Asthmapolis has developed a mobile device that can be attached to inhalers. The data gathered can provide valuable information on the kind of environmental exposure that tends to bring on asthma attacks.

Asthmapolis tracks asthma symptoms by attaching sensors to inhalers



In the United States, according to the Centers for Disease Control (CDC), around 26 million people suffer from asthma. The annual cost of treating this condition is estimated at $50 billion for medical expenditure, plus a further $6 billion in additional indirect costs resulting from missed school and days off work. This considerable expense is to some degree due to the patients themselves, who do not follow their treatment procedures properly or are not in regular contact with their healthcare providers, who then lack feedback on how the treatment is going and under what conditions attacks continue to occur. It has been calculated that if patient treatment could be better monitored, 80% of all asthma-related hospitalisation could be avoided, and that the mortality rate from asthma could be reduced by 20%. The technology which Asthmapolis has developed has several objectives, one of them being to help healthcare workers to treat their patients more effectively as a result of monitoring their treatment on an ongoing basis and collecting precise data on the environmental conditions under which patients use their inhalers.

Enabling healthcare workers to treat their patients more effectively

Aside from enabling patients to manage their own treatment more efficiently, the Asthmapolis system is also proving very useful for medical staff. How it works is that a small sensor attached to the patient’s inhaler is linked to an iOS or Android mobile app and an online platform. Geolocation is integrated into the app, so medical practitioners have access to precise, detailed information on how their patients are using their inhalers. They can also monitor how the treatment is working. Doctors receive this information about their patients on an ongoing basis and can therefore work more closely with them. Moreover, the data collected can indicate those areas where asthma attacks most often occur, thus enabling health practitioners to warn their patients about any danger areas and send them notifications, suggestions and advice on the precautions they ought to be taking. Asthmapolis has also entered into a partnership with Qualcomm Life, so that those patients who do not own a smartphone can be alerted by standard phone call, SMS or email. A pilot study has shown that 60% of all patients who embarked on the project were not monitoring their own condition. After three months, 50% of these patients were able to track and manage their asthma condition proactively, while 70% of all participants in the study stepped up their overall self-monitoring activity.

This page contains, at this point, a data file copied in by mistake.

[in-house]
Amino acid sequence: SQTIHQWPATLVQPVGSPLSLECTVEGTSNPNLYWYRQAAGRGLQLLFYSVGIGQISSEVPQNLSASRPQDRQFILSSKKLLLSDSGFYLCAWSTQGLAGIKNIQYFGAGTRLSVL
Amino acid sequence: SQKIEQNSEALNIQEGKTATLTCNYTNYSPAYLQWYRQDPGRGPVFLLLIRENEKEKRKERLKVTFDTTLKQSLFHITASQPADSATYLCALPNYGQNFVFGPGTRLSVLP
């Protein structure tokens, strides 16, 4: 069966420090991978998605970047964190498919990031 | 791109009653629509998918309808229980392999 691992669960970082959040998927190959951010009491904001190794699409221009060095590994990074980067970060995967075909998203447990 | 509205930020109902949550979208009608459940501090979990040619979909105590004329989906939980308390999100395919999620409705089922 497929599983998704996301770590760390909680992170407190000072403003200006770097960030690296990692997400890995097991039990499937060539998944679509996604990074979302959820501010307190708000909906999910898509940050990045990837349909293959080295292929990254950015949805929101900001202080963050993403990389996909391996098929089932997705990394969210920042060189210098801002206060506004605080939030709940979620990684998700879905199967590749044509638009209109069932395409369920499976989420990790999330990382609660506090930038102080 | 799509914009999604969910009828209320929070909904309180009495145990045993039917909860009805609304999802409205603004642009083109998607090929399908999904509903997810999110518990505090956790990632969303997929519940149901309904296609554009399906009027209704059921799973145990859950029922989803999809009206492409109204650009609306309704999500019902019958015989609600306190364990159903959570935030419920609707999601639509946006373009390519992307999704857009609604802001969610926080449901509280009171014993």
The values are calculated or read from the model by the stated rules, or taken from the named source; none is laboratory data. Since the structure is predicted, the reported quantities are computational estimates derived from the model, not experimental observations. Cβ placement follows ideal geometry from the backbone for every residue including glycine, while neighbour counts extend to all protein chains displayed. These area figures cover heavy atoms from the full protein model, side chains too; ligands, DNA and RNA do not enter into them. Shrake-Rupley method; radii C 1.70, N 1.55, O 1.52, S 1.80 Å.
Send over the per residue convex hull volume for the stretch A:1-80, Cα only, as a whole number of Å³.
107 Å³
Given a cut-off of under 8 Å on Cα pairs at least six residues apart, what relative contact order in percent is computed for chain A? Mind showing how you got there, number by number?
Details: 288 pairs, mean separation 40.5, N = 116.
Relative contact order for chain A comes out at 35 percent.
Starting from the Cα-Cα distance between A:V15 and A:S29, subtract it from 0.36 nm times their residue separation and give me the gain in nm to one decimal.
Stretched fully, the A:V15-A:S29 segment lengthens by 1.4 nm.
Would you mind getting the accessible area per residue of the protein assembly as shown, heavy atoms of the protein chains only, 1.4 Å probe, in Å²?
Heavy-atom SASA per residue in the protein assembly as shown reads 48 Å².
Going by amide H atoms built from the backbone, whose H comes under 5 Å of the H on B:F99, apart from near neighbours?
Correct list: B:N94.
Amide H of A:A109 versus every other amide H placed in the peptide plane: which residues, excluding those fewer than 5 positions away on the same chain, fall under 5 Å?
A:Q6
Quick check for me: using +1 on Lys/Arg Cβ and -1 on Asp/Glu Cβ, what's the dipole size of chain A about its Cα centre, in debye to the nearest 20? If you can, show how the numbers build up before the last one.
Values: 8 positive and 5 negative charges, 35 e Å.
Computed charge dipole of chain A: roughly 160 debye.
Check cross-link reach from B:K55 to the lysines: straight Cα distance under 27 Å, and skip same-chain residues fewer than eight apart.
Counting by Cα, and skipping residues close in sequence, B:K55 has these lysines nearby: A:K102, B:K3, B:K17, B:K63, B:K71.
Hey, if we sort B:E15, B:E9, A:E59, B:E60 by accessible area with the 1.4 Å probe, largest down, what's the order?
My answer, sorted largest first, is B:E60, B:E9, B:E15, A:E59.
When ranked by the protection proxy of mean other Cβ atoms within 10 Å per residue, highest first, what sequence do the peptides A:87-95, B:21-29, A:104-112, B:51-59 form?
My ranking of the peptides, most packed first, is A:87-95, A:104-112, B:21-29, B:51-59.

Generating data to help research into asthma

This kind of tool also helps to develop new methods of researching into asthma. Researchers can now get hold of precise data, dated and geolocated for the places and environmental conditions which trigger attacks. This information could be invaluable in helping city health departments, hospitals, clinics and general practices and epidemiologists to focus their research on the places and times which represent the greatest risk to asthma sufferers and identify the environmental factors which influence air properties. To this end, Asthmapolis has, since setting up in 2010, built up a number of partnerships, especially with public-private ventures. The firm is working for example in collaboration with the University of Hawaii on a project to research into air quality and composition and their impact on asthma. It has also signed up to partnerships with health insurers such as the WellPoint health plan in Florida (‘Amerigroup Florida’) and medical centres, including New York’s Wyckoff Heights Medical Center. Asthmapolis is however not the only company that has launched itself into asthma prevention. The Geckocap startup helps young children to remember when they need to use their inhalers, and researchers at AT&T Labs are now working on a wireless sensor project designed to detect air zones where asthmathics are most likely to suffer attacks.